For so many of us, trying to “balance” personal and professional life is a huge challenge. Loring made sure I had time to build the clinic and take care of patients the only way I knew how. Before we got married he was visiting construction sites; I missed our wedding rehearsal because I couldn’t get away. In addition to assisting me with emergency surgeries, he has driven with me to the clinic at 3 AM for a false alarm a week after moving to the current building and spent a lovely summer Saturday mopping up the basement after it flooded. Most importantly, he helped with meals, homework, and understood that Saturdays I worked and Sundays were paperwork.
I began working part time once our two children were born. In reality, it meant that I could spend more time with the kids during the day, but I often stayed late at night to work. We realized it was going to be difficult when my assistant Adele brought paychecks for signing and some X-rays to look at while I was in the hospital after Sarah was born.
The “new” A Cat Clinic at 14200 Clopper Rd
After 15 years, I wanted more space, more natural light especially for boarders, and safer parking. I wrote letters to several people in the area with homes that had enough room for parking and a location that I thought had a chance of getting the Special Exception Zoning. My timing was lucky. The homeowners of our current location were ready to sell but hadn’t listed the property yet. Obtaining zoning took almost two years, but I am nothing if not persistent. After a year of construction we moved in, and since then we’ve loved seeing that while cats are not thrilled to be out of their own home, they are much calmer when there are windows to look out of.
A Cat Clinic in the Community
Veterinarians are teachers, and knowing how to respectfully care for cats is something I always wanted to “spread the word” about. When I started, cats were allowed in school for career days (today we rely on photos). One night years ago, the Germantown library had a fun evening family program with cat stories and songs!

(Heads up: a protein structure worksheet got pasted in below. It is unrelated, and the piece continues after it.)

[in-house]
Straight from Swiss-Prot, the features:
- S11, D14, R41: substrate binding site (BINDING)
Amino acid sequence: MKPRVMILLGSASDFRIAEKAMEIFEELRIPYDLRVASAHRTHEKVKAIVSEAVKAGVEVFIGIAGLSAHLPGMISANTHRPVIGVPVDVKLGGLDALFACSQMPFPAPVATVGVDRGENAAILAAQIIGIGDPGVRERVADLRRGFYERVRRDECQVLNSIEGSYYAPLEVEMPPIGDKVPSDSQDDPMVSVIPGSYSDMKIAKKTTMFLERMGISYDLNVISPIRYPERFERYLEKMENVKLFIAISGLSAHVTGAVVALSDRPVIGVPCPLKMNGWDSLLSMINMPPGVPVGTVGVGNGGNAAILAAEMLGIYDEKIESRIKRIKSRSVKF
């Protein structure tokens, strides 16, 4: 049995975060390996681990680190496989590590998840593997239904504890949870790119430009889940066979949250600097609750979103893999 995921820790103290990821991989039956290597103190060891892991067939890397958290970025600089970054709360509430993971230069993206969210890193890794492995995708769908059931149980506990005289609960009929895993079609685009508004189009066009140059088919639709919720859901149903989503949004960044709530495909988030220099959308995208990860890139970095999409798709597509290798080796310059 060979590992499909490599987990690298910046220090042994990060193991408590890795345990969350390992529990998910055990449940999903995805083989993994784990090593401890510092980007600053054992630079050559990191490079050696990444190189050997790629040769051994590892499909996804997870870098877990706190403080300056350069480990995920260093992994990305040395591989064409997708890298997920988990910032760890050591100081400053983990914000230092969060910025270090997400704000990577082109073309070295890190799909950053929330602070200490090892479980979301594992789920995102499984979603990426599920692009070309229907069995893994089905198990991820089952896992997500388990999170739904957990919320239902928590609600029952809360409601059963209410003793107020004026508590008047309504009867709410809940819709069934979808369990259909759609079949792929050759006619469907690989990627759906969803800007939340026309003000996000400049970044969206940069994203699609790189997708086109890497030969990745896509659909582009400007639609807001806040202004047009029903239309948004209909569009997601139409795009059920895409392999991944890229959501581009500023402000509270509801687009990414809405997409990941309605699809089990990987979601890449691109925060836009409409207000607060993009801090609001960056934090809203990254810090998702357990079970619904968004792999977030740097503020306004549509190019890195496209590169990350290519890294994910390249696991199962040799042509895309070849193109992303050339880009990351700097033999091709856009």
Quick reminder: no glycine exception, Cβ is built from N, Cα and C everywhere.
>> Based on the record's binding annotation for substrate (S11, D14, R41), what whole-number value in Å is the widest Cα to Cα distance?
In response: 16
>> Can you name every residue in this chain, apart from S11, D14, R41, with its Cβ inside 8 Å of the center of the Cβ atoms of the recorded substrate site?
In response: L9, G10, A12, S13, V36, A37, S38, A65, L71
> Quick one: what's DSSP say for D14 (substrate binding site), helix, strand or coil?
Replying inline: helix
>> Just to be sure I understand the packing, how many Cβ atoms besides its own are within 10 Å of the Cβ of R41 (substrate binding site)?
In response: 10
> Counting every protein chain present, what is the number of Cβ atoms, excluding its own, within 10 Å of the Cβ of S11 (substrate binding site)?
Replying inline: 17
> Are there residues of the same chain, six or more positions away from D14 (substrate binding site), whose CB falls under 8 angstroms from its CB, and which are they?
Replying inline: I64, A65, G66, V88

I have done career days from elementary school to high school. Remembering my own experience applying to veterinary school, I know getting experience is so important for students considering veterinary medicine. We have had many high school interns and are eager to give students that opportunity to see what we do. They may decide they aren’t interested, which is just as important as finding what you do want to do. And I’m proud to have mentored several to become veterinarians.
What has changed since 1981?
- When I graduated, the Feline Leukemia Virus vaccine was brand new. Since that time, testing and vaccination has dramatically decreased the number of cats with this devastating disease.
- Flea control is safer for humans and the environment, as well as for cats. And so much easier than the old method of “bathing and dipping!”
- We’ve learned so much about nutrition that while we still see urinary stones and blockages, the numbers are a fraction of what we used to see.
- Ultrasound has enabled us to more accurately diagnose which problems require surgery in a non-invasive way. Consequently we do far fewer “exploratory” surgeries.
- Finally, pain medications are so much safer and more effective that we know we can keep cats comfortable.
We still have diseases we’ve not been as successful with. For example, FIP is a corona virus that is different from COVID-19. It has been around as long as I’ve been practicing and does not affect people, but it is devastating to cats. The veterinary community is still working on that. There is a promising treatment, but still a lot of work to do.
A few final thoughts…
I think we get to see the best, most caring side of people. Being part of your families is a responsibility we take very seriously. I can’t imagine doing anything else and I’m so grateful I’ve had the opportunity to care for your cats. Thank you for sharing them with me and all of us at A Cat Clinic.